Currently reading: Potty Patrol: How JCB is speeding up pothole repair
Fixing potholes is a vital job, but it’s time-consuming and tough for the crews doing it – so JCB has automated the process. we watch its new machine in action

After 21 years repairing roads, Mick has had enough of dragging heavy jackhammers from the backs of trucks, lugging them to a potholed patch of road and then breaking up iron-hard asphalt for hours on end. “I’m lucky I don’t have white finger by now,” he tells me. He’s referring to Raynaud’s disease, a localised restriction in blood flow caused by, among other things, vibration such as that generated by a jackhammer.

When this is the cause, it’s known as hand-arm vibration syndrome. It can develop within just six months of doing this job and there’s no cure. It’s one of the biggest issues facing the Health and Safety Executive, the body charged with policing safety at work, with contractors routinely paying out large sums of compensation to affected workers.

Mick invites me to try out the jackhammer he has been using. It’s a traditional-looking thing with a two-stroke motor perched on top. This makes it top-heavy and, I suspect, even more of a chore to use. Anyway, I give it a go, if only for the amusement of Mick and his colleagues in the road gang. Positioning it accurately is the hard bit, accomplished by lifting it slightly and manoeuvring it with my leg. After a minute or so, I’ve only succeeded in drilling too wide and deep a hole, which the guys will have to patch. And my fingers are tingling.

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Mick takes the hammer and shows me how it should be done. However, there’s a twist to his demonstration, since he’s actually competing to drill the road with a mechanised jackhammer wielded by one of the newest weapons in the war against potholes: the JCB Pothole Pro.

Naturally, the Pothole Pro wins, its 600mm-wide cutting head (or cropping tool) neatly and effortlessly slicing through the road in moments to a consistent, predetermined depth. Still, a runner-up prize goes to Mick, who puts on a good show – although I would like to see what he’s like after a couple of hours of jackhammering…

From a distance, the new machine could be confused with one of JCB’s traditional wheeled backhoe loaders – except that in place of a large shovel and bucket, it has, on one side of the cab, what looks like a huge shoe brush mounted on the tip of an extending arm; and on the other side, a large metal box incorporating vicious-looking metal teeth on a spinning drum, called the planer.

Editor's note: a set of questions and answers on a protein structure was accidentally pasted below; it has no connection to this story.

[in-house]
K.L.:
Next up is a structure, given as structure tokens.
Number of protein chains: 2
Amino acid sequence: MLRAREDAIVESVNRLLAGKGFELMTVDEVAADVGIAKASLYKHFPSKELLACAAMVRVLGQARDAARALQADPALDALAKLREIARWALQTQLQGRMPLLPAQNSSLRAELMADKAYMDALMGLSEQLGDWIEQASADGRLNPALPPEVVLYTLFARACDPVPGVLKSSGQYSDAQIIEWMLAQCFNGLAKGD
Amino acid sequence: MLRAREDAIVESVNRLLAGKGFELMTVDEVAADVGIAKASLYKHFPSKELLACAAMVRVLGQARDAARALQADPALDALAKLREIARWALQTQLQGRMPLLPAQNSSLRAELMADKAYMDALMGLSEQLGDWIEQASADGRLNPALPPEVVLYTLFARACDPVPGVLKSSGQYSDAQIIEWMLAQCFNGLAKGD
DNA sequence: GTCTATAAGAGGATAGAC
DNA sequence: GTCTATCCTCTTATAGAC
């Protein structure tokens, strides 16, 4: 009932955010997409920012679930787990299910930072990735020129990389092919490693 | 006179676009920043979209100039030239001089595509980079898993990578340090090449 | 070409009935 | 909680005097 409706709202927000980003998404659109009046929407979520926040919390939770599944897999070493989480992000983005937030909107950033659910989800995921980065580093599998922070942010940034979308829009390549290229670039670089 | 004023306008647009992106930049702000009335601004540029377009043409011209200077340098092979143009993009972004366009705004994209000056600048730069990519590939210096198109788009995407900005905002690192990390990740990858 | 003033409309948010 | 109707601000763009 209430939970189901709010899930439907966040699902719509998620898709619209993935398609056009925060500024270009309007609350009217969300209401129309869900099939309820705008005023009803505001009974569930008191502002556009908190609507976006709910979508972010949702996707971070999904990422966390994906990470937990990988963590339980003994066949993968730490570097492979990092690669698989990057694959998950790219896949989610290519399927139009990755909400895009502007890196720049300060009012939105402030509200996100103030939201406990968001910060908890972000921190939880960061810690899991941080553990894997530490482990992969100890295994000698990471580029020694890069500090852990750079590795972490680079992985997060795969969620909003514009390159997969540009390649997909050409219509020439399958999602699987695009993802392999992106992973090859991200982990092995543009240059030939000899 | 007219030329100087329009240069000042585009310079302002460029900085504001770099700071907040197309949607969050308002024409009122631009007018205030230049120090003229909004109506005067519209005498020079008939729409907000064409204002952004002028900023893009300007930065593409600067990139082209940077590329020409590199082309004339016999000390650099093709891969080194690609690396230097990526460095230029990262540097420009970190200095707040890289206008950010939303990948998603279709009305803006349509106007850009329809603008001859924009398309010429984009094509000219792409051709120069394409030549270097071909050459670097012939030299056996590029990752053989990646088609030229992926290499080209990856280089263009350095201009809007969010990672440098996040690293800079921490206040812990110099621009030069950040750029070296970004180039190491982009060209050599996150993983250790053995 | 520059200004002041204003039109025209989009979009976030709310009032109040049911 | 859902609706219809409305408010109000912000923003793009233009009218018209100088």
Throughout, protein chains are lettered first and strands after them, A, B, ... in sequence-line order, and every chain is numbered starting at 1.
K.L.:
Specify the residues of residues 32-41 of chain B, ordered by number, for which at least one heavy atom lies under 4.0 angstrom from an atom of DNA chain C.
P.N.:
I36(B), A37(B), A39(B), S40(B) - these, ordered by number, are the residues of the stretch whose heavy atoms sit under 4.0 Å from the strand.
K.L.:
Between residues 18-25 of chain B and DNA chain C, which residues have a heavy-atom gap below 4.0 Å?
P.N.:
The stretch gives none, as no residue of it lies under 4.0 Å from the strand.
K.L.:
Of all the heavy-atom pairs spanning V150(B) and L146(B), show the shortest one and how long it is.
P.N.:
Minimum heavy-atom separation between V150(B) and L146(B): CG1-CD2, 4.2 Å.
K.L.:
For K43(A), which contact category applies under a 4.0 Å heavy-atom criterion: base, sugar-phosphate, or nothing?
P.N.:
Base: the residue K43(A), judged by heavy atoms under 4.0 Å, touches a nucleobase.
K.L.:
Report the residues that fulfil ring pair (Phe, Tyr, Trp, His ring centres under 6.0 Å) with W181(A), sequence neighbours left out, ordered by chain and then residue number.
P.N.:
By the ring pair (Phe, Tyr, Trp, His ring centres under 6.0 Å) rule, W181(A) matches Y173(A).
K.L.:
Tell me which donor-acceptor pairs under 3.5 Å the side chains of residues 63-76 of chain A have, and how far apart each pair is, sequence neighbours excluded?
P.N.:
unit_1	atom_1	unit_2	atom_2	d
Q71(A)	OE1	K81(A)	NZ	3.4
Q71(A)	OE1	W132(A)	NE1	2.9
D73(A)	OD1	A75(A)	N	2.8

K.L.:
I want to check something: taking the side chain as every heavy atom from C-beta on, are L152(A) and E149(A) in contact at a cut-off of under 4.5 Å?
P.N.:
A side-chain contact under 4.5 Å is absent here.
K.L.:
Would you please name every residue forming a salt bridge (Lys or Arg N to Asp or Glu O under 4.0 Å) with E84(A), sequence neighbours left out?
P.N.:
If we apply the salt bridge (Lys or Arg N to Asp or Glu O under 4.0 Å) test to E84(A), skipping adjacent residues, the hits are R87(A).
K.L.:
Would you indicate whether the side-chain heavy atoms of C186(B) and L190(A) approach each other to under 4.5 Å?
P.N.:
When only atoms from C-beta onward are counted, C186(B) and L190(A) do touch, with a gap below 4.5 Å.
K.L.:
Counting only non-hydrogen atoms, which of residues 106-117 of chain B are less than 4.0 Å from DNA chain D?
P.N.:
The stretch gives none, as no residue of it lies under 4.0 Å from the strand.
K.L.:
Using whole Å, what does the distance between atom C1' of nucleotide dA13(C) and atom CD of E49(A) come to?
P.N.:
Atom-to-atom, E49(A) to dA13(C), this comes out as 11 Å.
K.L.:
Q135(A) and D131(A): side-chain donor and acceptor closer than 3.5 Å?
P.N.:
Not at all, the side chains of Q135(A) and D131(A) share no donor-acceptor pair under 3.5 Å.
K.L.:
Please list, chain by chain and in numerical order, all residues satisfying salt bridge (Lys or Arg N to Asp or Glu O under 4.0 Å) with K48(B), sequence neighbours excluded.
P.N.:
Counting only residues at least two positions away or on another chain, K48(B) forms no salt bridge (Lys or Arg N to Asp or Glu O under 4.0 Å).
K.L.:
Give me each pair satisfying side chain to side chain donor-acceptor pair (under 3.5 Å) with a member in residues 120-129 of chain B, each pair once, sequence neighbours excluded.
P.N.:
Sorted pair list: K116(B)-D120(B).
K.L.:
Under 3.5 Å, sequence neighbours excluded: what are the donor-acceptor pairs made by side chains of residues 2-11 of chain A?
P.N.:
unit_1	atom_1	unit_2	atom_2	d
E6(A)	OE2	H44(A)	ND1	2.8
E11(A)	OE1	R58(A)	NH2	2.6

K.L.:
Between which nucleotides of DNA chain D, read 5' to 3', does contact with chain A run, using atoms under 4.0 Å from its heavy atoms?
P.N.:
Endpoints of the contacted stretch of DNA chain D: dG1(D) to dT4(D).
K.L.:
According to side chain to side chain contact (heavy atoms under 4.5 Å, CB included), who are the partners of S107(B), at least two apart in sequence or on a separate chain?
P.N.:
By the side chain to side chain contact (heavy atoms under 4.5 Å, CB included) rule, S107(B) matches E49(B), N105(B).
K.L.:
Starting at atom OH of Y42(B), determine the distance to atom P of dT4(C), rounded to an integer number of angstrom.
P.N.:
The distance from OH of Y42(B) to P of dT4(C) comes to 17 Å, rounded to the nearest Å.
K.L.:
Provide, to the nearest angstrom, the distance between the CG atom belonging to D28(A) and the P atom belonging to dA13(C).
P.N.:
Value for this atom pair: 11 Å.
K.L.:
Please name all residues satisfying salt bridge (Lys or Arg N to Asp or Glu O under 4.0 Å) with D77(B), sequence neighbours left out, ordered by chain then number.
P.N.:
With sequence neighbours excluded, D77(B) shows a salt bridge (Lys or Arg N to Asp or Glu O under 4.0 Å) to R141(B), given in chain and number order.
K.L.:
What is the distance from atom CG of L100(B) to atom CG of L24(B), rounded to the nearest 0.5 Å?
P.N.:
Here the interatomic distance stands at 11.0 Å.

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As its name suggests, its job is to fix potholes. The operator rotates the cab so that both sets of tools are on the same side. First, the metal teeth of the 600mm-wide planer claw through the broken road surface, breaking it into loose chippings while water is sprayed to suppress dust. The multitool at the end of the extending arm then rotates a few degrees to bring into play the powerful cropping tool, which tidies up the edges of the hole. Finally, the brush, which is part of the same multitool, sweeps the debris into an integrated collection bucket for disposal in a waiting truck (the chippings can be recycled). Pothole now cut, cropped and cleaned, the reinstatement crew can set to work filling and sealing it with bitumen.

JCB says that, unlike other pothole repair solutions, the one provided by the Pothole Pro is permanent. In highways terms, this means around five years. I’ve seen other solutions, most recently a modified truck designed by Archway Roadmaster that blows compressed air at the pothole to clear away debris before spraying a mix of bitumen and aggregate into it via a long ‘proboscis’ that extends over the cab. The firm calls this ‘spray-injection patching’. It’s intended for potholes that have recently formed and can be nipped in the bud.